Natural declines and underinvestment in new exploration has left Philippine oil and gas production in freefall posing significant risks to future energy security. The risk is particularly acute given how reliant the Southeast Asian nation is on oil and gas for power generation, industrial processes and transportation, warn analysts at Fitch Solutions. But interest from investors has been rekindled.
Production has been broadly falling since the early 2010s with a lack of significant new finds and accelerating declines at Malampaya, the country’s biggest gas and condensate field. New operator Udenna Corporation, which took over Malampaya from Shell earlier this year, confirmed in July that the field could face a gas shortfall from as soon as 2022. This bearish assessment was echoed by the Philippines Senate Committee on Energy, which affirmed that Malampaya’s output was already in a “depletion stage” despite earlier estimates that the gas could last until 2027.
“Efforts to spur exploration and discover tie-back opportunities to the mature (Malampaya) field have not panned out either due to disappointing drilling results from deeper offshore areas and geological barriers associated with onshore petroleum exploration. In addition, offshore exploration also faces stringent opposition from China which lay claims over almost the entirety of the South China Sea, known as the West Philippines Sea in the Philippines where many of the Philippines’ remaining under-explored petroleum blocks are situated,” Fitch Solutions Country Risk and Industry Research said in its latest report.
Indeed, companies have been reluctant to invest in the area due to the heightened tensions and uncertainties.
Still, the Philippines lifted its long-time ban on oil and gas exploration in the disputed waters in October 2020, ahead of the impending depletion of oil and gas reserves at the country’s sole producing field Malampaya. “The need to ensure continuous supply of indigenous resources trumped efforts to deescalate tension,” said Fitch.
Significant Energy Security Risks
“The situation is highly problematic for the Philippines, given that Malampaya remains its only significant source of oil and gas and supplies, with the field providing 30% of the main island of Luzon’s electricity needs, or about 20% of the Philippine’s total electricity requirements,” reported Fitch.
“The gradual reduction in gas production from the field is already driving up consumer electricity costs and causing rotational power outages across the islands; a complete stoppage without replacements in place would prove to be highly damaging for businesses and end-users alike,” warned Fitch.
The looming risk of the loss in Malampaya gas has also spurred liquefied natural gas (LNG) import infrastructure developments across the Philippines. The number of LNG projects that have been awarded a notice to proceed from the Department of Energy (DOE) has now increased to seven, each targeting start-ups by the mid-2020s ahead of the forecast depletion of Malampaya. However, many face delay risks, not least due to difficulties caused by Covid-19 infections, but also due to legal processes, regulatory regimes, insufficient associated infrastructure in place and rising competition from renewables, cautioned Fitch.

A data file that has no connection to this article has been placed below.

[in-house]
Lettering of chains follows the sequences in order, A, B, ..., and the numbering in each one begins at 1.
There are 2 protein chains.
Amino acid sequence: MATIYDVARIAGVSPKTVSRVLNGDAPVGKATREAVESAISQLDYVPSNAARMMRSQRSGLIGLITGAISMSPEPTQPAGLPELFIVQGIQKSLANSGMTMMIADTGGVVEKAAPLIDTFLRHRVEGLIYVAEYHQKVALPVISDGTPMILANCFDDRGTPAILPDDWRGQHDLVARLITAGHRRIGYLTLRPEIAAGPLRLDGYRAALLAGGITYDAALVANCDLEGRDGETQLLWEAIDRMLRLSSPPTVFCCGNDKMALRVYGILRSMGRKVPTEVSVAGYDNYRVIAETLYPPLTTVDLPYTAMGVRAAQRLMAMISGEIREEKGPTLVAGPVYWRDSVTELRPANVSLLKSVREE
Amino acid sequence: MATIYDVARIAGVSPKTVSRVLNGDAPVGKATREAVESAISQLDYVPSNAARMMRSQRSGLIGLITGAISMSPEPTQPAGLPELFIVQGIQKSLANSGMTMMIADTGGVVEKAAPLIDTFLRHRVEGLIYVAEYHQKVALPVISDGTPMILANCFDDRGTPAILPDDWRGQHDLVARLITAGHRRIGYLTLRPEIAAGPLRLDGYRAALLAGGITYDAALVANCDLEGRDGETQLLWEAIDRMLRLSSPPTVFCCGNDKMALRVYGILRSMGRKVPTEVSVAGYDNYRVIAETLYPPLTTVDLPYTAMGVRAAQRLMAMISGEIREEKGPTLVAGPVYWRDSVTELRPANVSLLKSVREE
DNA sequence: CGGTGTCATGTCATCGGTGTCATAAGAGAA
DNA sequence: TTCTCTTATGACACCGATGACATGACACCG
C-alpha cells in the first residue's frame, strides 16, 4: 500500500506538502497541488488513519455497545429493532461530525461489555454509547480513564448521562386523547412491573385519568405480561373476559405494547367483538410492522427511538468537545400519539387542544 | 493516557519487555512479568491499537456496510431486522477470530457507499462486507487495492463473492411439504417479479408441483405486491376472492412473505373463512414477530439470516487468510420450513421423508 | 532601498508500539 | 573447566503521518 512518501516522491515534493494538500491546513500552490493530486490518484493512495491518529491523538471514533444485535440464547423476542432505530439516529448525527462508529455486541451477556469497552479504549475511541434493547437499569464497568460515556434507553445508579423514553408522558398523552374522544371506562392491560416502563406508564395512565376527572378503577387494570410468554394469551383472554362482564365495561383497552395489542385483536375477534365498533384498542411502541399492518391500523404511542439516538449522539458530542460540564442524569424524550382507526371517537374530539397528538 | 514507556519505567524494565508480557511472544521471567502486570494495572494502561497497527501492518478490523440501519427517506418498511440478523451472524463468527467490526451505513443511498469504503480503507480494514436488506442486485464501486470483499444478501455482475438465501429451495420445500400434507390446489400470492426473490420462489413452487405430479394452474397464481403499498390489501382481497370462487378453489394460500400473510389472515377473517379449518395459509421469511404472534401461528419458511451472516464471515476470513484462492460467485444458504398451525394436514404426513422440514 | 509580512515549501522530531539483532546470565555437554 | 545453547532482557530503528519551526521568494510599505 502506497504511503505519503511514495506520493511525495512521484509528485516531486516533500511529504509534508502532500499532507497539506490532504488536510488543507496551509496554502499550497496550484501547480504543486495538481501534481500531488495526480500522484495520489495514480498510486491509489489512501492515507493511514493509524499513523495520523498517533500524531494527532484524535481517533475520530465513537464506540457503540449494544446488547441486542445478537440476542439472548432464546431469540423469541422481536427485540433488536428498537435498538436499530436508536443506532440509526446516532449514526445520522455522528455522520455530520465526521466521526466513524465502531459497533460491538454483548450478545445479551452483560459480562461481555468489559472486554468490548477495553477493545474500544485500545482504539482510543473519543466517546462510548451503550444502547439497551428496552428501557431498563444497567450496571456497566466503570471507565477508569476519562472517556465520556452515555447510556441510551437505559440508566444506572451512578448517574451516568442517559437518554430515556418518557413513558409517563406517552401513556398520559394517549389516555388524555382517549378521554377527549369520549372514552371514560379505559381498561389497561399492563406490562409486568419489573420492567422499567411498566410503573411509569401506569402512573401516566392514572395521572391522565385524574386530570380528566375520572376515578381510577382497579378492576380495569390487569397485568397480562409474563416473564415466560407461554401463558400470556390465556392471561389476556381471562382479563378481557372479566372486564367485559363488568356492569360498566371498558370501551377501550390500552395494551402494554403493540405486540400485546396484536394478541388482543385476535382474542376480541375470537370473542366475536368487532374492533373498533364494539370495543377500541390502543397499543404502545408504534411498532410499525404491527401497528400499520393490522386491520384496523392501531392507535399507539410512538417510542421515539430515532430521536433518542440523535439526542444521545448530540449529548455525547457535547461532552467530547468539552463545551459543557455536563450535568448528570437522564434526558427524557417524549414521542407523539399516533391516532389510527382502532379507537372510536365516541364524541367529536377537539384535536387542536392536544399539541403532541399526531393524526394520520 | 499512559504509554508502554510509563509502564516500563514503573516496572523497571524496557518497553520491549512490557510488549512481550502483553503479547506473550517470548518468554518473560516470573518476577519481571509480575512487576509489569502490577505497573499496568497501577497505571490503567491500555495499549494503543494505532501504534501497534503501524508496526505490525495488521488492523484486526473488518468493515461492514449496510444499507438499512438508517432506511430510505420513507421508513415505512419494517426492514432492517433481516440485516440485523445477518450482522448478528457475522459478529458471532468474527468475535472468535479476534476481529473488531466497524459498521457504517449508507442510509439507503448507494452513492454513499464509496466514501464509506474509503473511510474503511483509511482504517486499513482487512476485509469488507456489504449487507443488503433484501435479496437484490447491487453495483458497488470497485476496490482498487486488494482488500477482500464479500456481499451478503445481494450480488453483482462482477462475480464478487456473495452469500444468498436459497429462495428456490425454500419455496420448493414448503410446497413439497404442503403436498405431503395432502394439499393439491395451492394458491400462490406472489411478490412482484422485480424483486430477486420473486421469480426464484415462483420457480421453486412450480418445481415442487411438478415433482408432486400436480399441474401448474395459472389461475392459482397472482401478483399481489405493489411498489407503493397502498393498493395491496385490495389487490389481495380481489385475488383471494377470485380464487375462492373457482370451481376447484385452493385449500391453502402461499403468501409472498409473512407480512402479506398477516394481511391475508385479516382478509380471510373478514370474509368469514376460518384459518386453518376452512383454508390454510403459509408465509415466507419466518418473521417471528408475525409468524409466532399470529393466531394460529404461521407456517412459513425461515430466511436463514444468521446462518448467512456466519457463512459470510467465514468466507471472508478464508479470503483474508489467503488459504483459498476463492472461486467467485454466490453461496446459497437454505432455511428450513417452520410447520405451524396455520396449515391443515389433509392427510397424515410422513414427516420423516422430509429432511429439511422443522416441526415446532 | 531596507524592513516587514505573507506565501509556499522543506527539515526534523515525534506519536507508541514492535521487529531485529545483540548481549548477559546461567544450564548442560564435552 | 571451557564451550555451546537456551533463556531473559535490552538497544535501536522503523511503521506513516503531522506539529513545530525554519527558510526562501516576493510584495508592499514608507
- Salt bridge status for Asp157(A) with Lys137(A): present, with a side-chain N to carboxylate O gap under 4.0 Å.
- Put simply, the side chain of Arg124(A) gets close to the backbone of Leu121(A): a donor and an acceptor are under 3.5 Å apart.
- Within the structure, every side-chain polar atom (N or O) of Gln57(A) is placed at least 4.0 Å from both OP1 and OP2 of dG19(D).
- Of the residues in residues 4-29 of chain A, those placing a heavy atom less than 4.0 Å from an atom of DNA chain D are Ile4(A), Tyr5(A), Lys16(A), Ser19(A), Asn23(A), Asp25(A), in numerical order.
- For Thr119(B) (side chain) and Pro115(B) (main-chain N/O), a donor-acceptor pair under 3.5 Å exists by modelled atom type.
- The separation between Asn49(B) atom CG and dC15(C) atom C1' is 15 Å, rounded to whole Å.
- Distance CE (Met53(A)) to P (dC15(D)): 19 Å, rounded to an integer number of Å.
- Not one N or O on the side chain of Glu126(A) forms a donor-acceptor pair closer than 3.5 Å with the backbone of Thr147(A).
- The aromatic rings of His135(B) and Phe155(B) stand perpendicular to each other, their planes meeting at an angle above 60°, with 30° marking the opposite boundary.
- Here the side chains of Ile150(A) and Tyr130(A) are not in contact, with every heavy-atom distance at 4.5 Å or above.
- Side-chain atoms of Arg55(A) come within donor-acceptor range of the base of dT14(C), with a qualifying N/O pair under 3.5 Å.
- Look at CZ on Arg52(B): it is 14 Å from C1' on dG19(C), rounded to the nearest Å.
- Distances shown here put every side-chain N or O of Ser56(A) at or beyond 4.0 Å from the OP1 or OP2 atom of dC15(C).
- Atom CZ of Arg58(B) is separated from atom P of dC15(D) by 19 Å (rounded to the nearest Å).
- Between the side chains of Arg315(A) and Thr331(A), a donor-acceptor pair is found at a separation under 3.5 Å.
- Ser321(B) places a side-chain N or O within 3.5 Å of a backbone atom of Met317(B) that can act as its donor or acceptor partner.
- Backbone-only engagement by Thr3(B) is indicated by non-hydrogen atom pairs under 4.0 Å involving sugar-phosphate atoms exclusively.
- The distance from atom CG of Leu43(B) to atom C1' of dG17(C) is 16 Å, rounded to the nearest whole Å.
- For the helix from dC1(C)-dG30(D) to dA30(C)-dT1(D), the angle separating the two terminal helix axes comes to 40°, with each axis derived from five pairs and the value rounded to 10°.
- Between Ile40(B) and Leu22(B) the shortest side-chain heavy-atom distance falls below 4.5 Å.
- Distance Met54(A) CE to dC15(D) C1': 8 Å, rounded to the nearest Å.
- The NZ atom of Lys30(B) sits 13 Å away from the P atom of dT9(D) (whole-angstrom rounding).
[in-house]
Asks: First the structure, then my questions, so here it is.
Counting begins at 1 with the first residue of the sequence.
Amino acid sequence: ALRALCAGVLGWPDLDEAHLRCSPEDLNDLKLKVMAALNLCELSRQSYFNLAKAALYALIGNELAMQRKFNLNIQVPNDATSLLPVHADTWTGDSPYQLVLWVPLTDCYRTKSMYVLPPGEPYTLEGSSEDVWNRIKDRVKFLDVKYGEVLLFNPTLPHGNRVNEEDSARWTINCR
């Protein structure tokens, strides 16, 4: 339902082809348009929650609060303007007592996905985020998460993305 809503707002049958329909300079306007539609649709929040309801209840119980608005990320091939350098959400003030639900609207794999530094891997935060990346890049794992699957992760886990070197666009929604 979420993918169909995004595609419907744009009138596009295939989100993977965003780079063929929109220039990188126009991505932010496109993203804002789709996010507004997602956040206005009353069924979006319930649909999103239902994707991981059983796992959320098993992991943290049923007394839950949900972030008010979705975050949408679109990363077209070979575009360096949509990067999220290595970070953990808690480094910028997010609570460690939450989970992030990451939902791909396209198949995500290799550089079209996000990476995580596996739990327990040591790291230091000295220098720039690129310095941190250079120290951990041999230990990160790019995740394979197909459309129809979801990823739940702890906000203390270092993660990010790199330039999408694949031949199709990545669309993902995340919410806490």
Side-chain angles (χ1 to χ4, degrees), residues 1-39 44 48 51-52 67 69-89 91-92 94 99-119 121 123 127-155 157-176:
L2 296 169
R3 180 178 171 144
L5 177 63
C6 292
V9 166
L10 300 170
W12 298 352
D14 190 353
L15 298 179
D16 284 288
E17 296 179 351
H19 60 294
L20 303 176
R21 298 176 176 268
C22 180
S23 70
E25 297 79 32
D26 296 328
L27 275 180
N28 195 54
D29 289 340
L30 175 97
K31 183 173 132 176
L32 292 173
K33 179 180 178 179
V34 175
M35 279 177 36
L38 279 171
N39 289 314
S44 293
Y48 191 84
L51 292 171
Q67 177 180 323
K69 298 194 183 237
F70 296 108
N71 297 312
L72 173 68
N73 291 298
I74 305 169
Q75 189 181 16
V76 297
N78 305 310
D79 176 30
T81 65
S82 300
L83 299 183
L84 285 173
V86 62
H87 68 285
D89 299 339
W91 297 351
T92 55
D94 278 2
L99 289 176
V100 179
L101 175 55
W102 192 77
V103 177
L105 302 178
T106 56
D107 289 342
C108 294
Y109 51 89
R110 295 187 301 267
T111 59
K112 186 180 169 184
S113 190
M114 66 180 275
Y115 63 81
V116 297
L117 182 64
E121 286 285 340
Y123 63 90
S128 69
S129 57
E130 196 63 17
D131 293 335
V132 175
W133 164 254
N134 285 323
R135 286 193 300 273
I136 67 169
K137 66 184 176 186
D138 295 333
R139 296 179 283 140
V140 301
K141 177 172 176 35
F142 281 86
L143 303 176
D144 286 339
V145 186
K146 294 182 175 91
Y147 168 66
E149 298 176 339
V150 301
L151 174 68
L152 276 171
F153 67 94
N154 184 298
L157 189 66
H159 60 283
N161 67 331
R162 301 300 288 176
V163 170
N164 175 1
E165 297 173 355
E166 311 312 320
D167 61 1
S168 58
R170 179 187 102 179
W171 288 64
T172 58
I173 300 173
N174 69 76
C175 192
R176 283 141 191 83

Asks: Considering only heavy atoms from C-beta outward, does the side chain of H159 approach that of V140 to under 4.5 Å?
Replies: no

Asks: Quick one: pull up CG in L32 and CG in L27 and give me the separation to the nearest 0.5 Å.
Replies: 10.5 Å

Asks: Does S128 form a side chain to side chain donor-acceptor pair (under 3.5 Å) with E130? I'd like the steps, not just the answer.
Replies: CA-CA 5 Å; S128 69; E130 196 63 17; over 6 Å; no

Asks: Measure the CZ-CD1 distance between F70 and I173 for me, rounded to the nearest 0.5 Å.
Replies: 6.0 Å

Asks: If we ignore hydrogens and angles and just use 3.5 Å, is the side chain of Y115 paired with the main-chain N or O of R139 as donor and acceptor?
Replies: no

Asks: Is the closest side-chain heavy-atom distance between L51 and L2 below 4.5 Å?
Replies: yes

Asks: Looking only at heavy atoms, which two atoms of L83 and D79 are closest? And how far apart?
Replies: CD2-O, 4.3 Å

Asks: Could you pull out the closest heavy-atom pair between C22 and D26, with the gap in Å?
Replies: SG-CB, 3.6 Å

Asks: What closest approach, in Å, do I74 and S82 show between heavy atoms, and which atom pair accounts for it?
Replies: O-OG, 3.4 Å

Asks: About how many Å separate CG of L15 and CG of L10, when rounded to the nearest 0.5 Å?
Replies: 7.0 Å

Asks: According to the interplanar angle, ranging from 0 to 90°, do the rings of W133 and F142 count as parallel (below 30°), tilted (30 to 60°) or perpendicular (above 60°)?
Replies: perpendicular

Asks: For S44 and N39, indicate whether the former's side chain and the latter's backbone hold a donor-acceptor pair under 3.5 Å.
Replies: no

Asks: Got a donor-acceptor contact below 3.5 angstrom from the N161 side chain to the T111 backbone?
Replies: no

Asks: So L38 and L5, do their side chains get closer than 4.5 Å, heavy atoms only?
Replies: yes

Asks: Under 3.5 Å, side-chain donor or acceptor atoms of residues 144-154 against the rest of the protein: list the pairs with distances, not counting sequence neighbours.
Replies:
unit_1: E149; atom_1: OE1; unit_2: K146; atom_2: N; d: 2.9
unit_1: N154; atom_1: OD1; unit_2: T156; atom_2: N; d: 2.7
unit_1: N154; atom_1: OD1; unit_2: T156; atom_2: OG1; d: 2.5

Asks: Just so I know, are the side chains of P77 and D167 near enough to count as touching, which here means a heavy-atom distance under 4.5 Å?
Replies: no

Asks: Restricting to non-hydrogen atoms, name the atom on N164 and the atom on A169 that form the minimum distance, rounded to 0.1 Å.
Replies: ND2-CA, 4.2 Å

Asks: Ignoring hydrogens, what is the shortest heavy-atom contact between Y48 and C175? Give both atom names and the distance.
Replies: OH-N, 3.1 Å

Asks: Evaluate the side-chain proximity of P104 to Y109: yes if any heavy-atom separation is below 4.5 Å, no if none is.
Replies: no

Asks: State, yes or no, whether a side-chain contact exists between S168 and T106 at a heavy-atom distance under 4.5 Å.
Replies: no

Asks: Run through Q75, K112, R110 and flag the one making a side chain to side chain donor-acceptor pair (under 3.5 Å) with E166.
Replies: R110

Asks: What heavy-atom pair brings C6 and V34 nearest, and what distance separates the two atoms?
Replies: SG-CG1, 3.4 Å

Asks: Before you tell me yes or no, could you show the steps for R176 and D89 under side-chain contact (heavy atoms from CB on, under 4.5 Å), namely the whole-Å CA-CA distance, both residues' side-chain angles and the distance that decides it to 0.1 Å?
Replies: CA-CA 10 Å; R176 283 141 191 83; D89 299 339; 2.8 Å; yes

“In spite of the dire situation at hand, there has been no new exploration announced in the Philippines after the lifting of the long-term ban on oil and gas exploration. However, there appear to be a growing number of firms keen to rekindle interest in the Philippines despite lingering regulatory and maritime uncertainties” reckons Fitch.
For instance, in July, Energy Secretary Alfonso Cusi confirmed that the DOE has endorsed the awarding of three new service contracts (SCs) – although he did not reveal further specific details – that are now pending review by the Office of the President.
PXP Energy subsidiary Forum Energy also expressed interest in resuming drilling works at its suspended SC-72 offshore Reed Bank, even without a partner. Australia’s Sacgasco has also acquired Nido Petroleum and its four offshore production sharing contracts from parent firm Bangchak Petroleum and plans to evaluate resources in the license areas with a view towards realising early production.
More clarity on the situation, particularly with regards to China’s stance towards drilling in the disputed waters, will still be needed before more firms can farm in.
However, “as a prospective market to target for investors the Philippines is highly interesting given the large, energy hungry domestic market and ample trade opportunities throughout to the region. Although for now most seem content to wait it out for maritime tensions to dissipate and below ground potential to become more concrete,” said Fitch.
A joint exploration with China’s CNOOC still cannot be ruled out even though negotiations have not resulted in commercial activities since the signing of a memorandum of understanding (MoU) in 2018.
“The Philippines DOE has maintained that any oil and gas activities offshore would need to follow the 60:40 Filipino-foreign ownership requirement as stated in the 1987 Philippines Constitution, although it remains unclear how receptive CNOOC or Beijing would be to this given vast maritime claims,” added Fitch.